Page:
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Home networking wiring
spudzkill Mar-11-01 04:22 AM
I am running a cable modem in my house and I have two network cards installed in my computer. I have a network hub and I am running the cable thru my attic and to the living room. My question is I am not sure if I need a hub and secondly am I using all the cables in the cat 5 cable and if not can i use them to run my phone line on?? Also I purchased screw-in type wall plates for the cable going thru the attic. What or how should I connect the wire to this plug layout?
Thank you

1. RE: Home networking wiring
lbyard Mar-11-01 05:02 PM
In response to message 0
You can use a crossover cable (http://duxcw.com/digest/Howto/network/cable/cable1.htm) and omit the hub. If you use a crossover cable, it can usually be plugged into the uplink port on most hubs/switches (http://duxcw.com/faq/network/hubsw.htm) to expand the network. I do not recommend using the unused pairs in a network cable, especially a long one, for phone lines. It may just work. On the other hand the ring pulses may interfere with your network. Also, try to keep a few inches between the cables. RJ45 jacks vary. See my notes on home office wiring at http://duxcw.com/about/count.htm for details on the jacks, etc. that I use. Larry

2. RE: Home networking wiring
cary_fan Mar-13-01 04:30 AM
In response to message 0
I just finished wiring my house (a real pain from the basement to the upstairs through wall plates, etc) and if you're only using 2 computers, like Larry said, you can use a cross-over cable. But, if you're considering ever adding a third computer, you're going to need that hub. Since you've already got the hub, you might as well use it! When using the hub, you'll be using straight-thru cables from the hub to each computer. Like Larry said, you can expand a hub (for example if you've already used up all the ports on one hub you can connect it to another) by using an uplink port. However I disagree with Larry - Uplink ports have crossover wiring already installed, so you actually should use straight-thru cable with that too. Connect one end of the straight-thru cable to the uplink port and then the other to a normal network port on the other hub. Note: the uplink port on a hub is usually shared with one of the ports, so if it's a 5 port hub, you can only connect 5 computers, or 4 computers 1 uplink. Usually even though there are separate jacks for the 5th (or 8th in the case of an 8 port hub) the 5th port and uplink cannot be used at the same time. Or, some hubs have a selector switch for straight-thru and crossover operation on that last port.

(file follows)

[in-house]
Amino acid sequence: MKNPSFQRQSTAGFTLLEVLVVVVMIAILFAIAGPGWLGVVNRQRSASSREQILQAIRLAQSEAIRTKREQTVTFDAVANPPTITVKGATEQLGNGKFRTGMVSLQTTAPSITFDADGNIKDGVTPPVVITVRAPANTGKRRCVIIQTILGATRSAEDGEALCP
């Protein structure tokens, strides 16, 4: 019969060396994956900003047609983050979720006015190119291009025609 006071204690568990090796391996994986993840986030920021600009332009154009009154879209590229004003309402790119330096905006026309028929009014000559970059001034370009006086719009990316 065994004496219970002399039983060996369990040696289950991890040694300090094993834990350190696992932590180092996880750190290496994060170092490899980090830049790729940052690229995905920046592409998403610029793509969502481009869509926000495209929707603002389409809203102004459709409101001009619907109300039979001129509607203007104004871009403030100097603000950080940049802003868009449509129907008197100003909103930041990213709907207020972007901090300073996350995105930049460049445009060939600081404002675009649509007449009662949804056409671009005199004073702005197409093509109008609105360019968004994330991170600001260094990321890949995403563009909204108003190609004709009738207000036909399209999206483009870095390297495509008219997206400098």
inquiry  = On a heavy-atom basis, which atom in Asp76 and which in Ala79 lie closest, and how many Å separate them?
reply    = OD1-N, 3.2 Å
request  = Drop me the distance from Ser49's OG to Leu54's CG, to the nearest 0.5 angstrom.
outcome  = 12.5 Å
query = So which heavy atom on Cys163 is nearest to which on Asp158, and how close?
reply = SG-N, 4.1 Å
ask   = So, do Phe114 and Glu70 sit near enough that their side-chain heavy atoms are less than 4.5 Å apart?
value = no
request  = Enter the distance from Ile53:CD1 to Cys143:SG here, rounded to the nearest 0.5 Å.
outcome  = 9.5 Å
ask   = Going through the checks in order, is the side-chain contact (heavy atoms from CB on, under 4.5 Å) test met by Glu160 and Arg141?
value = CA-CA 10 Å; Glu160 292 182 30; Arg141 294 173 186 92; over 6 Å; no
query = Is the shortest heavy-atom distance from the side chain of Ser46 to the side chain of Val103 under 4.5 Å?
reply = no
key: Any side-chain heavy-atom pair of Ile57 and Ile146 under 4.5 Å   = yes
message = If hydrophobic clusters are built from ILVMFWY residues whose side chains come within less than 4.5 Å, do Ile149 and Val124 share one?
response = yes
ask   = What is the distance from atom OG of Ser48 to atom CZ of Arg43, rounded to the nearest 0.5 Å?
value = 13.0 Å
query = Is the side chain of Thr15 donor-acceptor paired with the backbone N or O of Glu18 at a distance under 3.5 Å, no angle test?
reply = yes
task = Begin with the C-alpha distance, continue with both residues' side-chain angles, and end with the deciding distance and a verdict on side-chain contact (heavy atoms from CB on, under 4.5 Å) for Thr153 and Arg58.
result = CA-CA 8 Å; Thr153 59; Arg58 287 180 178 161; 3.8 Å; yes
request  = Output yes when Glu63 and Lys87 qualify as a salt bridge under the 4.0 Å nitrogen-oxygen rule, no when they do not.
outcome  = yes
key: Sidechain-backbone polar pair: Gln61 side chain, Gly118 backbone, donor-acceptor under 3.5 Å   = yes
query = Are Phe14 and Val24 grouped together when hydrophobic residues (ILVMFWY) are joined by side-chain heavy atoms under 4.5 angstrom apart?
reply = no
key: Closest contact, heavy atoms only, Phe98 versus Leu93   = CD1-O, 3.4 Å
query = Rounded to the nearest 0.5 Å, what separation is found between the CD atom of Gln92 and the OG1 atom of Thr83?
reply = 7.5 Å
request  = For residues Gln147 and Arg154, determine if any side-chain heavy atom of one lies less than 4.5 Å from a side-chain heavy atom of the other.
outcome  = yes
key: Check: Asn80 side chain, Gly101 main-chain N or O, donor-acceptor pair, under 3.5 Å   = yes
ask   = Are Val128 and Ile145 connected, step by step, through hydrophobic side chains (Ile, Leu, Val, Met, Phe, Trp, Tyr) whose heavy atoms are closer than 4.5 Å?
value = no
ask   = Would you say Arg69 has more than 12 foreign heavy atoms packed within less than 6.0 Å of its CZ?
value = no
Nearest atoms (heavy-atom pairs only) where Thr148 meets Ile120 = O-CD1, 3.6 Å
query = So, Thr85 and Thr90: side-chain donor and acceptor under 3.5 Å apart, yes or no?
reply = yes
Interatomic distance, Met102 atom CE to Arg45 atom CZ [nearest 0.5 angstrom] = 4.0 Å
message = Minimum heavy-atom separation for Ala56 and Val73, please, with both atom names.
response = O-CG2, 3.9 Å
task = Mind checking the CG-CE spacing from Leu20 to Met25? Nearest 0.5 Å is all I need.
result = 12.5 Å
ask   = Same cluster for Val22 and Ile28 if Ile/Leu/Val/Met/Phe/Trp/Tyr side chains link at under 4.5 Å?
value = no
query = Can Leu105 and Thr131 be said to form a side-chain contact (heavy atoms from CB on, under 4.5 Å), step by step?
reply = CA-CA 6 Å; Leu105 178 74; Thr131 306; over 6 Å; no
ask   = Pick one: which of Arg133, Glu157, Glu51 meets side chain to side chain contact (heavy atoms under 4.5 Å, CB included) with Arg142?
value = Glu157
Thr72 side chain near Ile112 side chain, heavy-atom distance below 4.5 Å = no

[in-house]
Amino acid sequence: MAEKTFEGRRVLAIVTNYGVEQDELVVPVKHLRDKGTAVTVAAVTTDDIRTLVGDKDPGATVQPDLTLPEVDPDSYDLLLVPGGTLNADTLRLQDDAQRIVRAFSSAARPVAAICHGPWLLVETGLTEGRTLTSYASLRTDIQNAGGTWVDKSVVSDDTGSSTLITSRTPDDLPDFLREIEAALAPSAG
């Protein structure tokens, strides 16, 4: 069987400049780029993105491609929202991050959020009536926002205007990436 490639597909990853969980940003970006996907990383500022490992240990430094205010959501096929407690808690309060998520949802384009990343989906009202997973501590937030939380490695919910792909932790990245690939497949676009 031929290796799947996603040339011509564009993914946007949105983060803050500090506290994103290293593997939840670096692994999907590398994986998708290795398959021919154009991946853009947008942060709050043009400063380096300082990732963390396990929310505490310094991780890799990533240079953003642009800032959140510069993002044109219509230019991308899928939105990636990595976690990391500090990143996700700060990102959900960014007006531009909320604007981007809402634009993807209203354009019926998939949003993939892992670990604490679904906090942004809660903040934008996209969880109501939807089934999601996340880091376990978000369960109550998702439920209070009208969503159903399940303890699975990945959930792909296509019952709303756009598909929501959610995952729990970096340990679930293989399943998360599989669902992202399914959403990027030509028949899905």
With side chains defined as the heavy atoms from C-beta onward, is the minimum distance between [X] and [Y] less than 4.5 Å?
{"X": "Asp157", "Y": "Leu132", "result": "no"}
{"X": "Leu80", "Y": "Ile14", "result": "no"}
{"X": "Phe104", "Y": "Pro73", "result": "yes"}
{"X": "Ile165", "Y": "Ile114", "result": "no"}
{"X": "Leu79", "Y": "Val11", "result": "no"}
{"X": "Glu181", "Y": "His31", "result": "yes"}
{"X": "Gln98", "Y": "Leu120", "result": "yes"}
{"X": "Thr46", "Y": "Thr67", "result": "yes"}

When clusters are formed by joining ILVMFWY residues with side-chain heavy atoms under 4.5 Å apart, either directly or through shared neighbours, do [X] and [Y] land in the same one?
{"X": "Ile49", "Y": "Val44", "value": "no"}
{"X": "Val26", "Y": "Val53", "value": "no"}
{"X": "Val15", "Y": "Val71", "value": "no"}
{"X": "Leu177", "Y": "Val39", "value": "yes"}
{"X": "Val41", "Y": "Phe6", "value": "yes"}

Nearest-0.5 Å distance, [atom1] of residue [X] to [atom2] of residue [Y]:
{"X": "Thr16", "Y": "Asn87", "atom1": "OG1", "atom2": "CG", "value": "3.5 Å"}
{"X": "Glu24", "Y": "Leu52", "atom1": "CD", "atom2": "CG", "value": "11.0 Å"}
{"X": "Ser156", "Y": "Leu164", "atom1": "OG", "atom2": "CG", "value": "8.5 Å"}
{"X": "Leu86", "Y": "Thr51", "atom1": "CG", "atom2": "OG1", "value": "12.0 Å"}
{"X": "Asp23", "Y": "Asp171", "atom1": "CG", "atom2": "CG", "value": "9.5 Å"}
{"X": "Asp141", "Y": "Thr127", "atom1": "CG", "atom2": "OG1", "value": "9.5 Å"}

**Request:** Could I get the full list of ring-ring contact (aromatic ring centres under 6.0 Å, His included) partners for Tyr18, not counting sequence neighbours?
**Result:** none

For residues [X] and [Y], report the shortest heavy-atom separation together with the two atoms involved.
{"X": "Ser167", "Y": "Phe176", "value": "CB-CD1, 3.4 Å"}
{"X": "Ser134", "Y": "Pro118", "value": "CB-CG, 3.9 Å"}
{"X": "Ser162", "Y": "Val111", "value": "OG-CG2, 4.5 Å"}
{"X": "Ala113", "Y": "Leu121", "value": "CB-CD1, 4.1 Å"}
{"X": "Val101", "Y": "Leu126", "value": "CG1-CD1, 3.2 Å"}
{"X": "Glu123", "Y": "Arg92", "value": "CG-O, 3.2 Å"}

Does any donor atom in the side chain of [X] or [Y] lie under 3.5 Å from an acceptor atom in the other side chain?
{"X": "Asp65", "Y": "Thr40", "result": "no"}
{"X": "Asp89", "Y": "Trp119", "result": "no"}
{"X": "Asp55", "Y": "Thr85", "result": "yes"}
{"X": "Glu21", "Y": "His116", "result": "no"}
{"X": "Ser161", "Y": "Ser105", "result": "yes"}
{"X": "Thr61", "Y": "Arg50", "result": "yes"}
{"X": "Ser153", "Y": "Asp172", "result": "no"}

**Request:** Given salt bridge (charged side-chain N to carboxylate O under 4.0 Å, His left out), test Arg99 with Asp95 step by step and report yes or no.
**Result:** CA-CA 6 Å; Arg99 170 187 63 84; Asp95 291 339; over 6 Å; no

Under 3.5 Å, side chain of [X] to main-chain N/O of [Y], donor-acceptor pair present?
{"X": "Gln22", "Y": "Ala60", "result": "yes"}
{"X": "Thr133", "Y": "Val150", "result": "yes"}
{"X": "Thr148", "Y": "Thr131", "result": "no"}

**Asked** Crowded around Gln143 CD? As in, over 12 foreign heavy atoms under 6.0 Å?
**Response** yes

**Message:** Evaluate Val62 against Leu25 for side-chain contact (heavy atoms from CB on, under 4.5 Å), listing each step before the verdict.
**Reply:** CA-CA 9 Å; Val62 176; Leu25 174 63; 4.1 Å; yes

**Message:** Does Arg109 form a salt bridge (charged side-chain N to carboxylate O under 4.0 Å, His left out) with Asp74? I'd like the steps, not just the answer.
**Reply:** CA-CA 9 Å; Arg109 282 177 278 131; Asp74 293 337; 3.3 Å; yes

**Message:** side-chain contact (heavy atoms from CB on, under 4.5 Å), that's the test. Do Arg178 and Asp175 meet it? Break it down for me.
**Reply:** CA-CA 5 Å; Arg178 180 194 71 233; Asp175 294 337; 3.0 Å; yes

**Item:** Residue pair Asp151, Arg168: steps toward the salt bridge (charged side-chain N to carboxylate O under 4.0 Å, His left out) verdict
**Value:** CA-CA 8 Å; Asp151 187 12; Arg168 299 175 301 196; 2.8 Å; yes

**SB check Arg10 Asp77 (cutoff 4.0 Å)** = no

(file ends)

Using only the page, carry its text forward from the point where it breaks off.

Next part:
What it comes down to: If you're using the hub with an uplink port, you should never have to use cross-over cable. The only time you need to use crossover cable with a hub is if you are connecting 2 hubs together and neither hub has an uplink port.

Cross-over cable: Only use this stuff if you're connecting 2 computers directly together without the use of a hub. You can only reach 10BT speeds using cross-over cable.

Don't use cat5 for phone lines.

I haven't decided how I'm going to cover up those little holes yet, so I'll have to pass on those other questions.


3. RE: Home networking wiring
lbyard Mar-13-01 03:49 PM
In response to message 2
Sorry to be so blunt, but I do not stand corrected… I disagree with, “…Uplink ports have crossover wiring already installed…” Normal hub/switch ports crossover (MDI-X), PCs and uplink ports do not crossover (MDI—Media Dependent Interface, the same as the wiring of an RJ-45 on an Ethernet Network Interface Card that plugs into a PC). One connects two ports that do not crossover with a cable that does crossover: a crossover cable (see the top of http://duxcw.com/digest/Howto/network/cable/cable5.htm). However, the argument is mute for some uplink ports because some of them (not all of them) have a switch that can change the port from MDI to MDI-X. If you connect a straight-thru cable between a PC and an uplink port (MDI), it will not work. If you connect a PC to an uplink port with a crossover cable, it will work. If you connect two PCs to a hub with straight-thru cables they will not be as fast and as reliable as two PCs connected together with a properly constructed crossover cable. There are more things that can break or come loose. Two PCs connected together with a crossover cable can operate in a full-duplex mode. That is both PCs can transmit simultaneously. Two PCs networked with hub (not a switch) have to implement Ethernet Carrier Sense Multiple Access with Collision Detection (CSMA/CD) protocol. That roughly means that a PC has to listen for packet collisions when transmitting and the other PC cannot transmit data while the other one is transmitting data. See http://duxcw.com/faq/network/hubsw.htm and http://www.cisco.com/univercd/cc/td/doc/product/lan/cat3ks/c3ksug/cat3ksa.htm for more info. So why use a hub, and slow down your network and waste energy if you don’t have to?

Why not use CAT 5 for phone lines? I have and it works well. Phone (voice) lines can use CAT 3 or higher. Larry

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